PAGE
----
Thursday, 22 October 2020

Is a ground floor flat a good buy?

 

Which floor a flat is on is an important factor when deciding what to buy (or rent). Some are ardent in their opinion that an upper-floor flat is the only way to go, whilst others can see plenty of benefits in keeping your feet on the ground. Typically, top floor flats have achieved a premium price over their ground floor counterparts, but is this justified?

Many will say it is and that flats on the ground floor represent both a privacy and security risk. In theory that is true; people walking past will be able to see into a ground floor flat rather than one higher up. And it’s easier to hop through an open window or break the glass of one on the ground floor than if you’d need a ladder to do so. But the same could be said for any house that isn’t built on stilts, so that logic doesn’t really cut the mustard in my opinion.

Certainly the view can be better in a flat on a higher floor and they tend to be brighter too. Plus, heat rises, so they are often easier and cheaper to heat in the Winter. I think there’s still something of a ‘status’ about being higher up in the sky though (think top floor penthouses), which largely clouds people’s opinions on the matter. Having said that, there’s definitely something to be said for only having neighbours below you, compared to ground floor flats, which in a poorly insulated building can mean hearing ‘footsteps on the ceiling’.

Ground floor flats though make perfect sense for those wishing to avoid the stairs. Whilst many immediately think of the elderly in this regard, the benefit is also there for young families with pushchairs and people with mobility issues. They’re also easier to evacuate for the safety conscious and you won’t have to worry about leaking roofs (although they’re the first ones to feel the impact of rising damp or drainage problems).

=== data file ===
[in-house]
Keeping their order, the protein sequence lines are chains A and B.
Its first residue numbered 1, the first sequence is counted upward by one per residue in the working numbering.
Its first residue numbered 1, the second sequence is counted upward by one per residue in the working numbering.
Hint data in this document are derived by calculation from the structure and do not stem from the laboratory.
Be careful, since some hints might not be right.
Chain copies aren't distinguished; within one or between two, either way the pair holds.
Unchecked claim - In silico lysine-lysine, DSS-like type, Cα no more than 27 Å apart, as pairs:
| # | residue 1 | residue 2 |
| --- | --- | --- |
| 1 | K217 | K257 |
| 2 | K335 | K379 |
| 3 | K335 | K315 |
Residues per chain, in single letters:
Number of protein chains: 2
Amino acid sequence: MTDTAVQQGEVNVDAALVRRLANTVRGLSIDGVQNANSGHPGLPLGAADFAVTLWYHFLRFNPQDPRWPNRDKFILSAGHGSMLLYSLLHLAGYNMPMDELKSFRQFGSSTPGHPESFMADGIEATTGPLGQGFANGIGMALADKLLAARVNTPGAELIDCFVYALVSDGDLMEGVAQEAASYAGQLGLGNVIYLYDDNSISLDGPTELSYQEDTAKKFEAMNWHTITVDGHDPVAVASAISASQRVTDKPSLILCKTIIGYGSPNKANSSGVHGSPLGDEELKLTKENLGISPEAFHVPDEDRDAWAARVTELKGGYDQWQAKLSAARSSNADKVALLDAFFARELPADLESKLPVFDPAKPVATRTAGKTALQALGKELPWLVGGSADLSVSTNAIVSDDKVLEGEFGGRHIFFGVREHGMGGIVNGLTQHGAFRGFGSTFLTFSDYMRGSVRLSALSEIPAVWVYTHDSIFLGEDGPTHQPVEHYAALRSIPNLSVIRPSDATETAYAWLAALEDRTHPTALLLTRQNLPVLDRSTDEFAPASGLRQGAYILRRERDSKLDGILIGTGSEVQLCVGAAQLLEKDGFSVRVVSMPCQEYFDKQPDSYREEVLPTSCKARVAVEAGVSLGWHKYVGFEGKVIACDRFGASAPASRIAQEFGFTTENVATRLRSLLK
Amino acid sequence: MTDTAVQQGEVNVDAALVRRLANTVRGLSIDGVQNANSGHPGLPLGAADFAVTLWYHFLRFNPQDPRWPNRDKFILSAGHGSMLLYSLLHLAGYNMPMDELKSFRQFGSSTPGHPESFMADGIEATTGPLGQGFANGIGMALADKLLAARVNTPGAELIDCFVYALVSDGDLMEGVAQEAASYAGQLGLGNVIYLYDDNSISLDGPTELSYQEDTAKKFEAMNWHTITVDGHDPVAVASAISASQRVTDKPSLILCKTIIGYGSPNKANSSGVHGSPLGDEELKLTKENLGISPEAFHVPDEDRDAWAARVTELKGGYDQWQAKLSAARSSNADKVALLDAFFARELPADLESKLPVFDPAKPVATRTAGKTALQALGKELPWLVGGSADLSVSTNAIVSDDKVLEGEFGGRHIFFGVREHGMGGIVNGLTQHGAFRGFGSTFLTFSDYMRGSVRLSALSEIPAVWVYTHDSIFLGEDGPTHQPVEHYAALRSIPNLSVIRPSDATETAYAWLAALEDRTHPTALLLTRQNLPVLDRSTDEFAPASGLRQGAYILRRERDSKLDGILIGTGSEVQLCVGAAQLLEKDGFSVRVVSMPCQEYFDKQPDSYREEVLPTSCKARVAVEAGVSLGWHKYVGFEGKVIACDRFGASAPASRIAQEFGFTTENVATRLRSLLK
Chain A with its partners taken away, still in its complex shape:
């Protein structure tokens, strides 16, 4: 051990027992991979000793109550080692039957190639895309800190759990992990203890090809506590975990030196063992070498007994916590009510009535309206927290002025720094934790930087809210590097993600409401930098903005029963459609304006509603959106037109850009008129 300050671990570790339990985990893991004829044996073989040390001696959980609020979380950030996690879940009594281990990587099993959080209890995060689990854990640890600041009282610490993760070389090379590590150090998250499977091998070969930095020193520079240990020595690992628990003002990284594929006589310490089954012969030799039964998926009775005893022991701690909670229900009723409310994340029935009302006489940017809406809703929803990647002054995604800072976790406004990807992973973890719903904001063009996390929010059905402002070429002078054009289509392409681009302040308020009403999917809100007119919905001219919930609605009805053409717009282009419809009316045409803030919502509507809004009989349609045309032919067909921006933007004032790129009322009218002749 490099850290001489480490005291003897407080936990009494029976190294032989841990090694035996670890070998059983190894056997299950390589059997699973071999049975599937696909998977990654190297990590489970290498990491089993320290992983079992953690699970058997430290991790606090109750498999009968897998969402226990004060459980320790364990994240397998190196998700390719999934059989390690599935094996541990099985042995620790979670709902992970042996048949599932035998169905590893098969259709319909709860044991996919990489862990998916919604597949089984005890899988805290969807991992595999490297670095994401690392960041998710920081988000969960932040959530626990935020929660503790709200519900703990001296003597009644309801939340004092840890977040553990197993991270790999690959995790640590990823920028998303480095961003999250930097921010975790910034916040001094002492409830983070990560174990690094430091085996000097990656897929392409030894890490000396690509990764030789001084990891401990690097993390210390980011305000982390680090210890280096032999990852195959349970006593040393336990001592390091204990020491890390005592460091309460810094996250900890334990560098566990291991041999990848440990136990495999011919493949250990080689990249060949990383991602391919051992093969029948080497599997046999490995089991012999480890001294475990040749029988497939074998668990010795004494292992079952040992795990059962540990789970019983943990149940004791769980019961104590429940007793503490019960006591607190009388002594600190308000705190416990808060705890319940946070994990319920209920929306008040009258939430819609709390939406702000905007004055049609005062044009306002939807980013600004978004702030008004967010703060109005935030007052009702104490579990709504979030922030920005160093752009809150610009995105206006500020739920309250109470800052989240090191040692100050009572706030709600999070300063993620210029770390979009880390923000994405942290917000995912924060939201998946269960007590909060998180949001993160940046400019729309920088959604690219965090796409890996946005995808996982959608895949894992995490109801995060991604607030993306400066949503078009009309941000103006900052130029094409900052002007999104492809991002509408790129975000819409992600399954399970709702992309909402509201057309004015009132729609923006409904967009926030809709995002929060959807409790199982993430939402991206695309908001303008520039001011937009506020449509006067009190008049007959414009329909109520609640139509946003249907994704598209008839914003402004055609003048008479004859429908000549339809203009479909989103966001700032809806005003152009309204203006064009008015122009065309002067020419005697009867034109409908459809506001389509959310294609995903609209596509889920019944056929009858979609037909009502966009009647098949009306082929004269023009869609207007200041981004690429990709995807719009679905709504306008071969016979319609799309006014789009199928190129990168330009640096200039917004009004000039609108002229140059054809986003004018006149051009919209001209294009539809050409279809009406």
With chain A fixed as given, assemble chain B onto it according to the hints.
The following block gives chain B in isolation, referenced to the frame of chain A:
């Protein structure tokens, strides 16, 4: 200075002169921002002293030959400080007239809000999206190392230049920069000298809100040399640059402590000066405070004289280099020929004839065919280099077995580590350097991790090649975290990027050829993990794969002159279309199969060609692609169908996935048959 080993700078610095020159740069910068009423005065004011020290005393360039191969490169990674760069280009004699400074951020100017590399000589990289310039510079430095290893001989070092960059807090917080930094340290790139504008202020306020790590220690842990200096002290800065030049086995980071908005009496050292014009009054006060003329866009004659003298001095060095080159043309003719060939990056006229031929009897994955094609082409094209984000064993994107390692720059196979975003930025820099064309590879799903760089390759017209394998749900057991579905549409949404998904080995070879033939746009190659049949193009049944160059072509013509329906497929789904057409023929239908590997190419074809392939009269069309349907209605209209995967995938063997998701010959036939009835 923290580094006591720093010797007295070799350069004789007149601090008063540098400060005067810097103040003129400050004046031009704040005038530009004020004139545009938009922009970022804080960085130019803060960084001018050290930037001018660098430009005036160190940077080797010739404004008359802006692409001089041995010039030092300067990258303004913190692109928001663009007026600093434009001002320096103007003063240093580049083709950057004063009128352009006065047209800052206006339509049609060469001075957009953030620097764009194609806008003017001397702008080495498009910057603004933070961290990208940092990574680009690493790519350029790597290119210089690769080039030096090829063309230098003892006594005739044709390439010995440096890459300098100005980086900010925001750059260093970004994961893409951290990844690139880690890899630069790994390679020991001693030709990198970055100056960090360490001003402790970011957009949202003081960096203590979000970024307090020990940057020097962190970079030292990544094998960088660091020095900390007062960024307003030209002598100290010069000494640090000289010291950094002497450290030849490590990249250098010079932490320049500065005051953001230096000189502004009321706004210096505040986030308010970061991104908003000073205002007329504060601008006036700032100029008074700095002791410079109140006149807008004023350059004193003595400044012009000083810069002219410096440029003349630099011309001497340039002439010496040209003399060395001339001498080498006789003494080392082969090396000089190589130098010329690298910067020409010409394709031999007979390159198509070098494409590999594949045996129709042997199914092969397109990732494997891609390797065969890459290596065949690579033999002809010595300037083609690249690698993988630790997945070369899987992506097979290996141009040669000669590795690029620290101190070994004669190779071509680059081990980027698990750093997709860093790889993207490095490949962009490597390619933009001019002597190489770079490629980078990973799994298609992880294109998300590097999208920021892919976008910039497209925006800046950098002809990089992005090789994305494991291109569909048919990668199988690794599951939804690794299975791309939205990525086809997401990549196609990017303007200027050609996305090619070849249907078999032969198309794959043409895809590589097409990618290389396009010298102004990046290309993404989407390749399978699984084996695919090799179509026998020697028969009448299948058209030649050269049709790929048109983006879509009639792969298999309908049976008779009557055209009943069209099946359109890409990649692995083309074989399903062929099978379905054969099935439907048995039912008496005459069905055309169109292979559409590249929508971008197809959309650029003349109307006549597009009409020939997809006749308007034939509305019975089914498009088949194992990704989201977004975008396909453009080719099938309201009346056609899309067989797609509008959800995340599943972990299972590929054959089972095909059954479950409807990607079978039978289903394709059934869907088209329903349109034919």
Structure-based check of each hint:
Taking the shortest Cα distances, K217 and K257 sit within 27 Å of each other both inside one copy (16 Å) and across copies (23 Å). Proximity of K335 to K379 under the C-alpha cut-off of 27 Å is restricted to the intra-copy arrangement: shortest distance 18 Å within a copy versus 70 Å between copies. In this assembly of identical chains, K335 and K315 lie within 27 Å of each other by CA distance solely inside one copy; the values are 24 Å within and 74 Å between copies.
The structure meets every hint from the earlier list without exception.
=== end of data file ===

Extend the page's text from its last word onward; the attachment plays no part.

But the real bonus of having a ground floor flat is that many come with their own private garden or direct access to communal grounds. Apart from the obvious benefit this provides, which came to the fore as we were stuck at home during the pandemic, it can also make ground floor flats suitable for pet owners compared to their more penned-in upper-floor flat counterparts (although you’ll need to check the head lease to ensure pets are allowed at all).

I have long argued that houses are more popular than flats with both owner-occupiers and tenants. This is because they come with their own entrance, private outdoor space and, normally, better parking. But I’ve visited many ground floor flats that also come with these benefits and it’s not surprising that demand for these are holding up noticeably better at the moment compared to flats without these bonuses.

So for me, a ground floor flat that provides access onto its own outdoor space could be a winner; particularly with an aging population that values their own private space. This is a good way of getting many of the benefits associated with a house, but with a lower price tag.


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